Aug 15, 2022
Strength Training Program for Throwers

I don't think there is a coach, or athlete, out there who thinks they can excel in any sport without a solid strength training program.

However, one common issue I see that holds many back from hitting technical throwing positions & punching out monster throws-

their strength levels!

An athlete's strength levels are pivotal in the throwing events: Rotational shot put, glide shot and the discus throws.

Proper strength levels allows a thrower to get into key positions needed to execute technical drills, progression drills & performing a full throw!

Throwing drills, like the squatted throw, will be inefficient if the athlete can't simply hold a proper squatted position.

In fact, when strength levels are low, athletes tend to move themselves into an incorrect position to compensate for the fact that their legs are under developed, or they lack strength in their core.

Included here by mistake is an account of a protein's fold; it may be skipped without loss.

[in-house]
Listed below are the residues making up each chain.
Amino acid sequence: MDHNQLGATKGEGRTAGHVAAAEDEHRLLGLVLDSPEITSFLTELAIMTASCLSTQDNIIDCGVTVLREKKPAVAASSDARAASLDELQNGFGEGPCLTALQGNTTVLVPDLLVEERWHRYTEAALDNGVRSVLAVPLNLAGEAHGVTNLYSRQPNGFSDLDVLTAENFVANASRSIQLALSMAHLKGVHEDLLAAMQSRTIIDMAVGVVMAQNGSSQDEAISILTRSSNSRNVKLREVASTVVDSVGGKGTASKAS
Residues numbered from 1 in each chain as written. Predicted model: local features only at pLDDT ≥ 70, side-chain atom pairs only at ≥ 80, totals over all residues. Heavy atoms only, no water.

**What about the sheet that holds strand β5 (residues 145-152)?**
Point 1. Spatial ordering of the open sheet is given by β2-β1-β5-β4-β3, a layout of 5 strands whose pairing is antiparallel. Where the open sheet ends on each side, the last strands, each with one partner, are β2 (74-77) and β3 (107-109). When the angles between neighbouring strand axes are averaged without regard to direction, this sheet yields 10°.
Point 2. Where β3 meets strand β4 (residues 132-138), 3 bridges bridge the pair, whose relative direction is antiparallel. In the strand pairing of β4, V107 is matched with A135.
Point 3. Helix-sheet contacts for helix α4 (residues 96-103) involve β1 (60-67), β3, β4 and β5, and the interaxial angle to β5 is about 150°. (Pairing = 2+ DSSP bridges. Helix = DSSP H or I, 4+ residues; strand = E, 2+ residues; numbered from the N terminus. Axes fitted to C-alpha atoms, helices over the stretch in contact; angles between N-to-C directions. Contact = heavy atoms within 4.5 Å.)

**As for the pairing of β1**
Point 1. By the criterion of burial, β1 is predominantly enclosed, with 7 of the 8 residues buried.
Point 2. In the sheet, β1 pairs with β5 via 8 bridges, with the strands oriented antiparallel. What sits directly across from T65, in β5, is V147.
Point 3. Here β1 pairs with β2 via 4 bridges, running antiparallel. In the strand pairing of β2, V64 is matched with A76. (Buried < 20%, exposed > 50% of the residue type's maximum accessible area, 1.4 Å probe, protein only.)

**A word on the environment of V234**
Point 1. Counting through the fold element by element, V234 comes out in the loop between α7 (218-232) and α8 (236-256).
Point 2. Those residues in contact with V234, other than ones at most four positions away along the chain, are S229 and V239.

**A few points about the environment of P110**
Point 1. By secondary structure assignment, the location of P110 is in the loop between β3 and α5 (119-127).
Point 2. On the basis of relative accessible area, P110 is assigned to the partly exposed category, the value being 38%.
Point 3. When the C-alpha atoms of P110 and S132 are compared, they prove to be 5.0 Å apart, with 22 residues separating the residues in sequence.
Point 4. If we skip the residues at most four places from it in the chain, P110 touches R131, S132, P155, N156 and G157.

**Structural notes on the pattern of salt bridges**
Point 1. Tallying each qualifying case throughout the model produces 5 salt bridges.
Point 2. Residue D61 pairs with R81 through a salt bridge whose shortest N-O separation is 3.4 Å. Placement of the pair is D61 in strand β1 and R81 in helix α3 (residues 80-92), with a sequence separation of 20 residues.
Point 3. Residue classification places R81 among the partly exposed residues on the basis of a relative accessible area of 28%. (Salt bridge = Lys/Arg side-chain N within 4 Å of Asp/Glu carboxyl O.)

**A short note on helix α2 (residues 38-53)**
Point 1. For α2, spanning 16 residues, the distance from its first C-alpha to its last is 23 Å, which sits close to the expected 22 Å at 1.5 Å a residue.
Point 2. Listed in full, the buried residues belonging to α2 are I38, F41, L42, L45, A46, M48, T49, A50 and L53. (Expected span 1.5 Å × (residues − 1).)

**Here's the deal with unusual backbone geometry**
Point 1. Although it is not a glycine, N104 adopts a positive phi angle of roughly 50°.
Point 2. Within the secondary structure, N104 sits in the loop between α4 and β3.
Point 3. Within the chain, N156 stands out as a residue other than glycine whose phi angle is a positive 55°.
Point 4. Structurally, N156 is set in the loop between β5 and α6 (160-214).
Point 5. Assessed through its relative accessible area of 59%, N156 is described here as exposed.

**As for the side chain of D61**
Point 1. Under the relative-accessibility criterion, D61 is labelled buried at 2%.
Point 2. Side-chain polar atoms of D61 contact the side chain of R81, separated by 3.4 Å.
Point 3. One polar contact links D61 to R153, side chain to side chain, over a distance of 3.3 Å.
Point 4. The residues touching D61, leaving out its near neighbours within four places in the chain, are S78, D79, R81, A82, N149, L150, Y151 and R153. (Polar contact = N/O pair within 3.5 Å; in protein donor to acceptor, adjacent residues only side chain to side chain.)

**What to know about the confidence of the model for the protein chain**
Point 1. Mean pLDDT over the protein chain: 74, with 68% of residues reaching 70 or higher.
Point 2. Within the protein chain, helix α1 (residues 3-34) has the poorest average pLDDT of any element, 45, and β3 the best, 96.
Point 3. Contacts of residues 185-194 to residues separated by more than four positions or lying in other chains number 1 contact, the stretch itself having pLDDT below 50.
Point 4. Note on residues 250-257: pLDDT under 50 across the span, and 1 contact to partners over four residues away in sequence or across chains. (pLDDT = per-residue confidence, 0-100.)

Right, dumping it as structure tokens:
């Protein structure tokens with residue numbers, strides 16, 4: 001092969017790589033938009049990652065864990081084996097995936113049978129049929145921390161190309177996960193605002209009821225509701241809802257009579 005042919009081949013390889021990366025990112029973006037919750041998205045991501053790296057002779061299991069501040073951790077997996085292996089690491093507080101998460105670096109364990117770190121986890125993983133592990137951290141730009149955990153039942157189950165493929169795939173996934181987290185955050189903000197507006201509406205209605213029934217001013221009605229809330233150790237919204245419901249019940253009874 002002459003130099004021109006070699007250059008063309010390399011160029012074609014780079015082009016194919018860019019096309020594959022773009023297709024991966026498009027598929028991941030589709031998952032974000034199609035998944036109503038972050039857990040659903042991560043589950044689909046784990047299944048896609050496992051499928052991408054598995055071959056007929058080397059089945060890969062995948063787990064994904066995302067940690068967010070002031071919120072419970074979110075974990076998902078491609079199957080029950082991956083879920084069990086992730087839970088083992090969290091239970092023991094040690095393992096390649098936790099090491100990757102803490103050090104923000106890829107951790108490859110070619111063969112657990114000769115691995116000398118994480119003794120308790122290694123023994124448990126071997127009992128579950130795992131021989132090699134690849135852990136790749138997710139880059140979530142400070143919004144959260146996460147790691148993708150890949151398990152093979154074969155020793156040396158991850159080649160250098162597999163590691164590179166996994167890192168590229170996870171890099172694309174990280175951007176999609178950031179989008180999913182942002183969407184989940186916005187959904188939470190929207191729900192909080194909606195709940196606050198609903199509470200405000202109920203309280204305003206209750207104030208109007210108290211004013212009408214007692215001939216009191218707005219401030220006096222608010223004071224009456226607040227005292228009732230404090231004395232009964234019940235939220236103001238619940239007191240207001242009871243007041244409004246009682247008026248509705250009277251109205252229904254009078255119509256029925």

That's where a solid strength training program comes in!

Nothing too complicated, just super effective...

Today, I'm going to talk about lifts that are so key to throwing that it blows me away that so many school don't use them.

Olympic lifts, Olympic lifts, Olympic Lifts.

I must say first, that I do understand that when a throwing program doesn't use Olympic lifts, it's not because they don't want to, it's because they don't know how to-

and that's why we have the ATN Strength Training Course- whoo- hoo!

One of the key elements in the ATN® Strength Training Program are the Olympic Lifts: Clean, Snatch, and Jerk.

I can’t say enough about Olympic Lifts; they are just fantastic lifts!


  • Develop coordination ... hell, they REQUIRE coordination!
  • Stimulate hormone production for building muscle mass
  • Train the nervous system to be responsive
  • They work flexibility
  • And the list goes on and on and on….

Olympic Lifts are pure athletic strength development, and should be a part of any level of an athlete’s program- especially throwers!